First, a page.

K, best girlfriend: "Ooooh, do it. I just dyed mine black. Don't be a weenie." (She actually said weenie, I am totally not making that up.)
Me: "Okay but I think I'm going to get a box dye. So Ry will know I'm committed to our New Year's budget resolution." 
K: "You can do this. Call me when you're at the store." 
 
I did it. I changed my blonde hair to red. But not quite the Marcia Cross red I was going for. More punk rock Manic Panic red. I group texted out a photo, and God love my girlfriends, they were supportive(ish). My kids insisted that I looked sort of like Merida and sort of like Ariel. My husband just shook his head and said, "that's going to wash out, right?", then"why would you try to do something like that yourself?"  
 
The longer the color was on, the worse it got. I sent an SOS to my friend Deanna, who is a hair stylist turned stay-at-home mom. She has saved me when I desperately needed highlights and again when A gave me lice. She is also the most stylish mama I know, so I do what she says. This time, she said "I can fix it, but you've got to strip it. You need to get as much of that color out as you can so I can correct it and get it back to normal."  
 
So I spent 24 hours with Google learning how to strip…my hair. Here's what I learned. You can strip almost anything out of your hair using any or all of the following methods:

blonde hair to red

  • Baking soda mixed with clarifying shampoo. I shampooed with this somewhere between 12 and 20 times. Not kidding.
  • Dish soap. 
  • Hot oil treatment. I used olive oil on the stove but Deanna says that avacado oil would have worked even better.
  • White vinegar. Something about restoring the ph level after the other stuff. 
At this point it was pink (photo, bottom right). I looked like Strawberry Shortcake. Deanna let me hijack her Sunday morning with her family (including her in-laws) and spent FIVE HOURS fixing my hair, reversing the process by which my blonde hair turned red. During which I was definitely not bored. Now I know:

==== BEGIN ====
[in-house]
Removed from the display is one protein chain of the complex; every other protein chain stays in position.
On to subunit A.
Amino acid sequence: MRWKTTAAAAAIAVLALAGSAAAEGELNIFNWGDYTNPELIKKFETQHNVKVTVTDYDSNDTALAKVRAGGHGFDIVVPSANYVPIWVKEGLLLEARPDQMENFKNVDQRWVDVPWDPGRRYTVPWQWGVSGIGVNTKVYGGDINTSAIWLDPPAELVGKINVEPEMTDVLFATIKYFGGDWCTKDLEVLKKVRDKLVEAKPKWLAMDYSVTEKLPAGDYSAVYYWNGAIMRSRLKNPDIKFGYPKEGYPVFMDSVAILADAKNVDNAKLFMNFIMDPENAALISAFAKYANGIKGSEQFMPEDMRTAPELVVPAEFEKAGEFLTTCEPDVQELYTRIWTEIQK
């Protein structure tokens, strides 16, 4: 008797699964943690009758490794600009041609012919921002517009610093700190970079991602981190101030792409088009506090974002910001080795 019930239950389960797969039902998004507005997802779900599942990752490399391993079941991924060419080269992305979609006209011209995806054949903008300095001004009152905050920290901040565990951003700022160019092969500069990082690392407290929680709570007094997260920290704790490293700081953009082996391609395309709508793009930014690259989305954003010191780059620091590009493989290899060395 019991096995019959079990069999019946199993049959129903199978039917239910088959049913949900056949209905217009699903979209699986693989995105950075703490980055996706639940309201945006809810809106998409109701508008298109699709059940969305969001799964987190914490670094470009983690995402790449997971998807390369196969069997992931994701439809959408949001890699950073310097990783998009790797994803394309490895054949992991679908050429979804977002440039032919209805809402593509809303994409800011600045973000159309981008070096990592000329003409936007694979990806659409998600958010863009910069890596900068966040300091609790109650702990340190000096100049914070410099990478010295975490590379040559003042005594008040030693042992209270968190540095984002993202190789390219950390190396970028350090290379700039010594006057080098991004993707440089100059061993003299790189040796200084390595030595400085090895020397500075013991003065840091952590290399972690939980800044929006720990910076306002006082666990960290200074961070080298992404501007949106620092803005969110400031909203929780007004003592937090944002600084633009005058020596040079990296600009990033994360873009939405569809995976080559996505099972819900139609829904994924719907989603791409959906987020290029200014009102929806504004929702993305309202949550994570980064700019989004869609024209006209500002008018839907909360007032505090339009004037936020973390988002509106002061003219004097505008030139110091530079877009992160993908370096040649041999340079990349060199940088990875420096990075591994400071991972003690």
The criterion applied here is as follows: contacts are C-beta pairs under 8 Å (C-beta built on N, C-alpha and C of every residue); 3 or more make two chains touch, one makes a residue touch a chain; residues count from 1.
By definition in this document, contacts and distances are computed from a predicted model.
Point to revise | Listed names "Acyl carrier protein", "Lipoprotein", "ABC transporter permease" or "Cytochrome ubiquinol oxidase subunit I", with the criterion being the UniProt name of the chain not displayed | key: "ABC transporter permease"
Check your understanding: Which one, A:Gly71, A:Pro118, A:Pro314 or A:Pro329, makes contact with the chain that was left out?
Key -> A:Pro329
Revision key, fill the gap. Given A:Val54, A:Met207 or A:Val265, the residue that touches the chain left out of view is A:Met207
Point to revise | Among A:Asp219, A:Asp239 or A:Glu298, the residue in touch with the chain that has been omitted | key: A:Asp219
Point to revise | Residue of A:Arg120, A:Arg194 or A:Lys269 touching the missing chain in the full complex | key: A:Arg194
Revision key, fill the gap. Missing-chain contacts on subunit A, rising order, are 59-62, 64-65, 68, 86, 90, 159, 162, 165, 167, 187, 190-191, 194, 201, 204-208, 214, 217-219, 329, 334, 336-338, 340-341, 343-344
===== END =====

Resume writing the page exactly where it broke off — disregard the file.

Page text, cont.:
• Box Dye is Not for Beginners. Or for people who are trying to migrate to an entirely different color family. Or for women in their thirties who are bored and/or trying to prove a commitment to a budget.
  • I Am An Excellent Stripper. Of hair. In fact, because I was so maniacal efficient at getting most of the red out, we saved several hours of chemical stripper that Dea says smells like rotten garbage. 
  • Best Girlfriends are the BEST. I love K for talking me into taking a risk. I now know that I will try red again, with professional help from Deanna. I love Deanna for talking me off the ledge and getting me back to blonde. 
  • Dramatic Change is Not a Cure for Winter Boredom. Winter makes people do crazy things. Think Jack Nicholson in The Shining. 
  • There Are Better Ways to Budget. Like clipping coupons. Or less online shopping – I'm looking at you Zulily and Gap Friends and Family. Or eating out less. Just not dyeing blonde hair to red using a $10 box solution. 

Finish the Sentence Friday